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Advances in Vaccine Development

Department of Infectious Diseases, College of Veterinary Medicine, University of Georgia, Athens, GA 30602, USA
Vaccines 2021, 9(9), 1036;
Submission received: 10 August 2021 / Accepted: 15 September 2021 / Published: 18 September 2021
(This article belongs to the Special Issue Advances in Vaccine Development)
The Special Issue titled “Advances in Vaccine Development” contains articles, reviews, and a perspective on advances in vaccine delivery and expression, nanovaccines, epitopes, proteins and adjuvants, and new vaccine platforms. The Special Issue covers topics including viruses, bacteria, and parasites, as well as the development of vaccines, adjuvants, and bioinformatic approaches.
The opening article by Penkert et al. [1] centers on the lack of a standardized parvovirus B19 neutralization assay, which is needed for the development of a parvovirus B19 vaccine. To address this, a unique region of VP1 containing prominent targets of neutralizing antibodies was designed using a mutated VP1 fragment (VP1uAT), which yielded enzyme-linked immunoassay (ELISA) results that correlated with neutralization. In the following article, Dunagan et al. [2] examine the impact of influenza A virus (IAV) proteins on host immune responses, specifically two host shutoff proteins, PA-X and NS1, which antagonize the host innate immune response. Using recombinant A/California/04/2009 containing mutations affecting PA-X and NS1 activity, they show that viruses without shutoff activities induce the strongest T and B cell responses and that the shutoff of NS1 suppressed lymphocyte migration to the lungs, antibody production, and the generation of IAV-specific CD4+ and CD8+ T cells. An article by Radwanska et al. [3] shows, in a DTP vaccine model with trypanosome brucei brucei infection, that treatment provides full recovery from infection but fails to restore an anti-Bordetella pertussis vaccine recall response and that this is related to the destruction of the host’s adaptive immune system by the trypanosome infection. It is unknown if the trypanosome infection causes permanent damage to the immune system or immunosuppression. This study is the first to show that trypanosome-inflicted immune damage is not restored by successful anti-parasite treatment. Finally, Chiozzini et al. [4] examine the intramuscular injection of the DNA vector vaccine platform using an array of viral products. The studies examine the efficiency of loading an HIV-1 Nefmut-based vaccine platform into extracellular vesicles (EVs). The findings show that when DNA vectors expressing Nefmut-based fusion proteins are intramuscularly injected in mice, significant quantities of the HIV-1 fusion proteins are packed into EVs. These engineered EVs are internalized by antigen-presenting cells, which cross-present the EV contents to activate antigen-specific CD8+ T cells. This study was aimed at increasing the vaccine platform safety profile by identifying the minimal part of Nefmut retaining the EV-anchoring protein property. Importantly, Nefmut C-terminal deletion did not affect the levels, quality, and diffusion of the antigen-specific CD8+ T cell immunity at distal sites. This suggests that the Nefmut-based technology is functional in inducing CD8+ T cell immunity against different (SARS-CoV-2) antigens.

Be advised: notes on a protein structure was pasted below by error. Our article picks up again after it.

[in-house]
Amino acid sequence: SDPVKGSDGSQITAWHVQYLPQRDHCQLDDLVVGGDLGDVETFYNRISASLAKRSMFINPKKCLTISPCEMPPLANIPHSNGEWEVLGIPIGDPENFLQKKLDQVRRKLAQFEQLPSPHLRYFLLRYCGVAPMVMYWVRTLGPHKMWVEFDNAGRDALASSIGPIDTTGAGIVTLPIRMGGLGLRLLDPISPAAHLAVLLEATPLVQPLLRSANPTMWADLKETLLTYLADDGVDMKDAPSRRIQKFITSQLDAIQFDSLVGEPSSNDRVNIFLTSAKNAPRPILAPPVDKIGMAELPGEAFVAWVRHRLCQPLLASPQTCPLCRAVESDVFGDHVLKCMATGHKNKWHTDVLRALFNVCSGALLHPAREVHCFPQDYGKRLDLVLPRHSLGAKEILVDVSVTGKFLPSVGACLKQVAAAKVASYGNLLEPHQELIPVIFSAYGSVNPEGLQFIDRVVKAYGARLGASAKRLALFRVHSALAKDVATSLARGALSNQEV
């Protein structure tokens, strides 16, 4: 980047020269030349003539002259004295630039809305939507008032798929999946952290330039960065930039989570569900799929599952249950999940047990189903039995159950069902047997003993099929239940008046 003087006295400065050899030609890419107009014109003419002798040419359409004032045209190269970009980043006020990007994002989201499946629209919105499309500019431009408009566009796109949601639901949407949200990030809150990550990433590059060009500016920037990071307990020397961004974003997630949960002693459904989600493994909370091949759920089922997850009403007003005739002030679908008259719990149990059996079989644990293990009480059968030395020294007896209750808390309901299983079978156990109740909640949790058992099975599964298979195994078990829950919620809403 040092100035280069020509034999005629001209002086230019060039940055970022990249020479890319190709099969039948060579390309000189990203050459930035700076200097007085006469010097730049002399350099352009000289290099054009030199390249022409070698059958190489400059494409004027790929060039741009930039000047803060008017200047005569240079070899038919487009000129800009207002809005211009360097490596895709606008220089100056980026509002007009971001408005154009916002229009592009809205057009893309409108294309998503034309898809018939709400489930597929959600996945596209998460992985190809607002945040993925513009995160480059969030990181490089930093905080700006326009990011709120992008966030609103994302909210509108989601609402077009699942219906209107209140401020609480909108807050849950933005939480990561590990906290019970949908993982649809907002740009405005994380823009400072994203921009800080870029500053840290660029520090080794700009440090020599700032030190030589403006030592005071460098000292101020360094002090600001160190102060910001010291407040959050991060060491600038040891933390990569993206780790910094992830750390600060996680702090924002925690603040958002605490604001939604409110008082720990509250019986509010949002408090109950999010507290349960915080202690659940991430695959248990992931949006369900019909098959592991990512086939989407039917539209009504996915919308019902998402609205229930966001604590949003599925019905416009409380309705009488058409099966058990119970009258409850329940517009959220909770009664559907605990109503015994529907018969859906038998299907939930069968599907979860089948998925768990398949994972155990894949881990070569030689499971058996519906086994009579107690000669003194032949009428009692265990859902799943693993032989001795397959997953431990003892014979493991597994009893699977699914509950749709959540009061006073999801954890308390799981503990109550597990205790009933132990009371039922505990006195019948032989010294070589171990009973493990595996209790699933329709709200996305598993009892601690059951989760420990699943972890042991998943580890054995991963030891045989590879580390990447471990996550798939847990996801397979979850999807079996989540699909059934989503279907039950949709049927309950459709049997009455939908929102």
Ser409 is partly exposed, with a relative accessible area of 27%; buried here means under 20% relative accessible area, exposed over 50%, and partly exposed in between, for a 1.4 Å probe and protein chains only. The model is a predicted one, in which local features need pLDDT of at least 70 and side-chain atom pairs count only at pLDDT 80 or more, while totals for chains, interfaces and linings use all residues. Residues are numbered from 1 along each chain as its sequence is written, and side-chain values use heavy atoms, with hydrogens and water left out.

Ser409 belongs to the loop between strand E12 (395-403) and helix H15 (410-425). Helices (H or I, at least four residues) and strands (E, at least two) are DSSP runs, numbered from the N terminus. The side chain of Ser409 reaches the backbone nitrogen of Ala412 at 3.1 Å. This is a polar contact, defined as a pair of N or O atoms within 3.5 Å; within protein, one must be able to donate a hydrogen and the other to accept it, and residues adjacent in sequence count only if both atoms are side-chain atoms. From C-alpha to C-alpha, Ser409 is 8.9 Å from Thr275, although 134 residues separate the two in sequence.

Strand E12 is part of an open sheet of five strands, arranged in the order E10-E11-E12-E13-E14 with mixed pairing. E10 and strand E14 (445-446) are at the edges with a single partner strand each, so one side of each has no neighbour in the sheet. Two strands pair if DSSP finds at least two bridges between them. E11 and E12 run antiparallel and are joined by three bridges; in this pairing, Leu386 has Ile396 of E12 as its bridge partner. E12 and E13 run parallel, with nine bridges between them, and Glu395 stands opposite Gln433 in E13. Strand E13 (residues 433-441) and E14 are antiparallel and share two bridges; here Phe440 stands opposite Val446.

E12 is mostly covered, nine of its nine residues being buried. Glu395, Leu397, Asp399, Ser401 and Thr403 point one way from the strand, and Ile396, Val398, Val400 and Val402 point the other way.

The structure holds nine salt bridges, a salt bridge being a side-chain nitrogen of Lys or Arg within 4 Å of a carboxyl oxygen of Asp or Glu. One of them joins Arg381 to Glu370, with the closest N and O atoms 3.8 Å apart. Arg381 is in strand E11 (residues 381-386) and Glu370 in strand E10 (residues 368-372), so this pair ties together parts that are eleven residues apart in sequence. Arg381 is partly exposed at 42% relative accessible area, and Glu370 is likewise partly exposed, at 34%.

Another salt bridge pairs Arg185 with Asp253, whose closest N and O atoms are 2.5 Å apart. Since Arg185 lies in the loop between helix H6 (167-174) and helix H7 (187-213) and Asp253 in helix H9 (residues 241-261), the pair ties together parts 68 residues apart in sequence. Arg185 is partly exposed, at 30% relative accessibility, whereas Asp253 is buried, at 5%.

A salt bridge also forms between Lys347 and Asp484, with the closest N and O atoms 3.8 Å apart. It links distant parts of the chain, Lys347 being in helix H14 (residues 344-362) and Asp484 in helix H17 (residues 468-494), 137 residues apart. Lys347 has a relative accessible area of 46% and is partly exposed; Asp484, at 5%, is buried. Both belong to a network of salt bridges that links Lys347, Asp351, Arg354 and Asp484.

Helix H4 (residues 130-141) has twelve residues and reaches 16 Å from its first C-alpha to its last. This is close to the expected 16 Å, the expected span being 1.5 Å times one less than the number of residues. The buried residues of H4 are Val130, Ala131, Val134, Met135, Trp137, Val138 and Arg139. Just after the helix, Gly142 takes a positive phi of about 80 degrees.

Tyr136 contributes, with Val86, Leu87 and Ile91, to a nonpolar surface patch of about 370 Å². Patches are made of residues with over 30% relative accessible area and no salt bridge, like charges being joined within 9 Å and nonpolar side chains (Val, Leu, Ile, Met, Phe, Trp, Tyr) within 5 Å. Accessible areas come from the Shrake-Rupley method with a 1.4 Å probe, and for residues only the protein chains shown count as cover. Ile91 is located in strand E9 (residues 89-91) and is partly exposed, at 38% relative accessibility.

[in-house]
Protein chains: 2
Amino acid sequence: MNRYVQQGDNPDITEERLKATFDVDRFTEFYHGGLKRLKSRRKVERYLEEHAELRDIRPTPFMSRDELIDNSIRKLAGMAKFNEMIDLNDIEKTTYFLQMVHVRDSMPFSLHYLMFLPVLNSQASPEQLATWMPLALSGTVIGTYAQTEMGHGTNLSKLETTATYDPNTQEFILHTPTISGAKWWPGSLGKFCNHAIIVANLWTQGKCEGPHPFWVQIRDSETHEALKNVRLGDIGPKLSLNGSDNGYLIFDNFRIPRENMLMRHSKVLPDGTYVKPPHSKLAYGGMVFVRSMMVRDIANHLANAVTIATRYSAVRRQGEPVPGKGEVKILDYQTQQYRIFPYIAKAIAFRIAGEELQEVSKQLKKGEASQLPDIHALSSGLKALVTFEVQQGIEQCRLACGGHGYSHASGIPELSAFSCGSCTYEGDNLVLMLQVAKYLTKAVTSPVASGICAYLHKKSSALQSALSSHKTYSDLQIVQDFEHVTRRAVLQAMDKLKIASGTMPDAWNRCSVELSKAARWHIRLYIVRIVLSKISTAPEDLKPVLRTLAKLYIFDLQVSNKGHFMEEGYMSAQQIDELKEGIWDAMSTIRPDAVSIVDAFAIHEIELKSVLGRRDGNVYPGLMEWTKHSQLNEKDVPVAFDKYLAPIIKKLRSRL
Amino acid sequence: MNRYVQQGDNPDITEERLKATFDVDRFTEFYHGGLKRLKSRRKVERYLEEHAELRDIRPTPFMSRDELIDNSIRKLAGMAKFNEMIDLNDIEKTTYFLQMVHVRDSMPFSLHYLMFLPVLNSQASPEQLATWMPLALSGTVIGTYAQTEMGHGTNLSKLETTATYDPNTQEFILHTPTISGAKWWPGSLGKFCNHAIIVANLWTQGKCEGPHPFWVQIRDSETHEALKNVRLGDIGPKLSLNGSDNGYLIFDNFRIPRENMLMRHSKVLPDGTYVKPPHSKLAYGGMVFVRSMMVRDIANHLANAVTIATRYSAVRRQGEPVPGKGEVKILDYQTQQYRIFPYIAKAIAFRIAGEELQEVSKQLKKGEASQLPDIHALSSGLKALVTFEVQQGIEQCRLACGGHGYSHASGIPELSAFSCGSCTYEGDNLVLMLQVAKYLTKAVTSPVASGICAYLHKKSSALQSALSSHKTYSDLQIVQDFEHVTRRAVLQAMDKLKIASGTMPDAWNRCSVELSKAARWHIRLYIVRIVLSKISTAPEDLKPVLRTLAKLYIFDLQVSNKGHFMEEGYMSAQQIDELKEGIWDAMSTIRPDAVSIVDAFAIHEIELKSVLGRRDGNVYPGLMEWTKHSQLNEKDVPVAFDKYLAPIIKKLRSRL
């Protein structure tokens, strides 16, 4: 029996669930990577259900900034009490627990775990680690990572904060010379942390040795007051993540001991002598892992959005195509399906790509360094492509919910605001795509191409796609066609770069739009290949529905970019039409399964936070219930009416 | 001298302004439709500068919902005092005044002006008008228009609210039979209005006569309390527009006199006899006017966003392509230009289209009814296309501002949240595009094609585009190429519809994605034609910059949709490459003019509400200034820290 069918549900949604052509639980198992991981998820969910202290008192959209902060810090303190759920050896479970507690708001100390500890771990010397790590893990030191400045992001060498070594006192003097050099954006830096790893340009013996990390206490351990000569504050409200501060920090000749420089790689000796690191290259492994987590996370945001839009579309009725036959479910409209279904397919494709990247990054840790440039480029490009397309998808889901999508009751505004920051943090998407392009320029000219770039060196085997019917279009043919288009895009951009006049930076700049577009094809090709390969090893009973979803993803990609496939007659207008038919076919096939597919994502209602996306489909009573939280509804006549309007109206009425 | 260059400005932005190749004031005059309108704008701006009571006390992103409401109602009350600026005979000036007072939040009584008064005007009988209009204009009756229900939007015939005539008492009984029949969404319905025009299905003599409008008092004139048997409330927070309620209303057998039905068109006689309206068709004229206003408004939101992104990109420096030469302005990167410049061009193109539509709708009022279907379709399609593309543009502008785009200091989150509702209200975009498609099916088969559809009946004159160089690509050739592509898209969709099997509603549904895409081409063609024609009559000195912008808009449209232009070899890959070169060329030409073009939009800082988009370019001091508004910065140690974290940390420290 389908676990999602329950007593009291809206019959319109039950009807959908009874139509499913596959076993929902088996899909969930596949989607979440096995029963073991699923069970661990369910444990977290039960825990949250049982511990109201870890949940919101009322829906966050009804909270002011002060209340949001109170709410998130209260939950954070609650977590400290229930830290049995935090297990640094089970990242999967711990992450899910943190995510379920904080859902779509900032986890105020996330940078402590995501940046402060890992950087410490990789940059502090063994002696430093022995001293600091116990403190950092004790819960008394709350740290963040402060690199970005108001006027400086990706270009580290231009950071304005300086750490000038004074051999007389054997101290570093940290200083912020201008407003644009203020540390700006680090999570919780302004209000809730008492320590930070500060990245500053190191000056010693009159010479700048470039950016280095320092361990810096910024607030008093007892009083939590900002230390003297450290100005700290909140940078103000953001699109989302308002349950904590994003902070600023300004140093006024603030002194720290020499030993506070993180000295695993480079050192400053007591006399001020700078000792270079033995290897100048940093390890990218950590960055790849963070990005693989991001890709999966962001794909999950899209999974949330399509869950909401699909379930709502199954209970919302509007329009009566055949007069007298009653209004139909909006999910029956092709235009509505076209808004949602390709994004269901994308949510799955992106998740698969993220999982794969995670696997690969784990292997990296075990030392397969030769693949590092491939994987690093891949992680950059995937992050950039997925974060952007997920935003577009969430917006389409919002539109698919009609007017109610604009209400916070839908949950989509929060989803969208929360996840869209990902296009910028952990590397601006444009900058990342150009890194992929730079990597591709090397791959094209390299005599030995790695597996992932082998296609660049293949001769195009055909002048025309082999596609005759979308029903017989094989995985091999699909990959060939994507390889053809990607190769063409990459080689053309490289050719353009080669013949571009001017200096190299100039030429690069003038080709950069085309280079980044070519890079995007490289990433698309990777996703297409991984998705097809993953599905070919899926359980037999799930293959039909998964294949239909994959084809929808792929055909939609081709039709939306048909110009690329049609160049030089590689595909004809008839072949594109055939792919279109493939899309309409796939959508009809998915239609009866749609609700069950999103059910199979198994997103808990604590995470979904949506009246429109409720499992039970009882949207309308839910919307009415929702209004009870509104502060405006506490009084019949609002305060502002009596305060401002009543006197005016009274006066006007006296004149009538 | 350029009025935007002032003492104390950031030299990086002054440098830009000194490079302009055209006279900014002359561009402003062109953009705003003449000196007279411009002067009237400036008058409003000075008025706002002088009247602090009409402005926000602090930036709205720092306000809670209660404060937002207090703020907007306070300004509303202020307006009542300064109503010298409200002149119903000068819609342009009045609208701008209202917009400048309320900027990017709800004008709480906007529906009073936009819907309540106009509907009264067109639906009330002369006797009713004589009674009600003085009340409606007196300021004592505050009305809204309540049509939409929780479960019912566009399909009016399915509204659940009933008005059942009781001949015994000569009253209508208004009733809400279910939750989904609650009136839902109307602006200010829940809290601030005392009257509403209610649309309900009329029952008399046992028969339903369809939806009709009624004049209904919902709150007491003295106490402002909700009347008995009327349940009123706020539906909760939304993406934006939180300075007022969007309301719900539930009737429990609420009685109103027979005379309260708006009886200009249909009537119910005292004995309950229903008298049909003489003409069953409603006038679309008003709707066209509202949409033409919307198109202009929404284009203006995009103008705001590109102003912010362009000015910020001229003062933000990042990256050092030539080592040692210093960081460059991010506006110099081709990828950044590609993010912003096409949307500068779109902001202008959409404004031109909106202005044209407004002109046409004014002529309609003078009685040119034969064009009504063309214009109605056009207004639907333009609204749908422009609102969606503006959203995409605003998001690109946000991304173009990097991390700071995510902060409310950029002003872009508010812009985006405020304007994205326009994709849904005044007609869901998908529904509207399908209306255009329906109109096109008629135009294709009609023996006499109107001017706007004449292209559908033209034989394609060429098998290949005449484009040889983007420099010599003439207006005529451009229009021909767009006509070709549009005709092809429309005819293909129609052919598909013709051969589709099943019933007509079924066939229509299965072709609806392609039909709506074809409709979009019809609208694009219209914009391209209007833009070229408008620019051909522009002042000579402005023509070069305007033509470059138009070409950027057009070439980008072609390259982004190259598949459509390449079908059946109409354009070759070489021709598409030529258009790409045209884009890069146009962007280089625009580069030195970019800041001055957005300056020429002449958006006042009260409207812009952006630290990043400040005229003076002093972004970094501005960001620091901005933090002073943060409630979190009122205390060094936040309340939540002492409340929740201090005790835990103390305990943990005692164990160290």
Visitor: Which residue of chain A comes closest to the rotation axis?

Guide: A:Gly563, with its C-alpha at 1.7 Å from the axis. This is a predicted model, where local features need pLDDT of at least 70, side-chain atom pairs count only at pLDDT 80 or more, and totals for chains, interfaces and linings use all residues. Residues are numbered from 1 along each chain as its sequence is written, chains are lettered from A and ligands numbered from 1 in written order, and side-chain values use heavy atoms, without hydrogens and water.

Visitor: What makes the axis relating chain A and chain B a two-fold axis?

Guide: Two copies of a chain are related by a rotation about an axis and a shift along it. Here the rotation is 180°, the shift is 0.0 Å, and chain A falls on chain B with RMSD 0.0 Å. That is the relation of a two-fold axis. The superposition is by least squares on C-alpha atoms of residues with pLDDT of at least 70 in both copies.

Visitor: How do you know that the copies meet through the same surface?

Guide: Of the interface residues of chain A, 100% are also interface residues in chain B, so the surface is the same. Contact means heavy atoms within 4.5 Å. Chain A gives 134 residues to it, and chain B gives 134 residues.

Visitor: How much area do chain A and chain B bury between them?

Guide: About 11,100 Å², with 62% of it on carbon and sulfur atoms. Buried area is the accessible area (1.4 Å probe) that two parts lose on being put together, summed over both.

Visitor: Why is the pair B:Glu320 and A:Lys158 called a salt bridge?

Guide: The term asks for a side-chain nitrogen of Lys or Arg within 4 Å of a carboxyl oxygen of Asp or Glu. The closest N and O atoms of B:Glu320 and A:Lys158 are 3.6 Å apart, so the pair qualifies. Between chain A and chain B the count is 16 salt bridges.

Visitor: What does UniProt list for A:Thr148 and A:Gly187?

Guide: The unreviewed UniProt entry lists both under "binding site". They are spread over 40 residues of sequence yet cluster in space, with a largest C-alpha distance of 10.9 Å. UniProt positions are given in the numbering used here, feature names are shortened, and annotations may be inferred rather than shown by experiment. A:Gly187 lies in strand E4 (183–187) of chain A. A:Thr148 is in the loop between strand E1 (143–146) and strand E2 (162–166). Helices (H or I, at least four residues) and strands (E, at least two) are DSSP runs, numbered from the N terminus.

Notable reviews follow the articles and are focused on different topics related to advances in vaccine development. They are grouped by topic and briefly summarized below. In the reviews related to SARS-CoV-2 or COVID-19, there is first a review by Rijkers et al. [5], which focuses on the antigen presentation of mRNA-based and virus-vectored SARS-CoV-2 vaccines; the mRNA vaccine composition and incorporation with lipid nanoparticles is examined. The novelty of mRNA vaccines is discussed, including vaccine cellular uptake, intracellular routing, processing, and secretion of the viral protein. The importance of virus-neutralizing antibodies and CTL are noted with regard to the technology. In a review by Chatterjee et al. [6], the role of next-generation bioinformatic approaches for coronavirus vaccine discovery and development is presented. The review discusses the stages of the vaccine development and available vaccines against COVID-19, and reviews tools and databases that are available for the identification and analysis of SARS-CoV-2 including molecular docking, vaccine and drug discovery, and comparative genomics analysis to facilitate vaccine development activities. The detailed review by Mellet and Pepper discusses the progress of different phases of COVID-19 vaccine development and the potential challenges once a vaccine becomes available. The review uncovers features that make it unclear whether a vaccine will be able to completely eradicate COVID-19, and discusses vaccination methods and strategies that may be key to success. The COVID-19 pandemic continues to spread across the world despite efforts to curb the transmission of the virus. Early vaccine trials were established to evaluate safety but also to demonstrate some degree of immunogenicity, i.e., the ability to generate neutralizing anti-S protein antibodies. There are additional aspects of COVID-19 immunity that must be considered, including the distinction between disease and infection, which may be asymptomatic but still result in transmission. The review by Giurgea and Memoli highlights these issues facing SARS-CoV-2 vaccinology.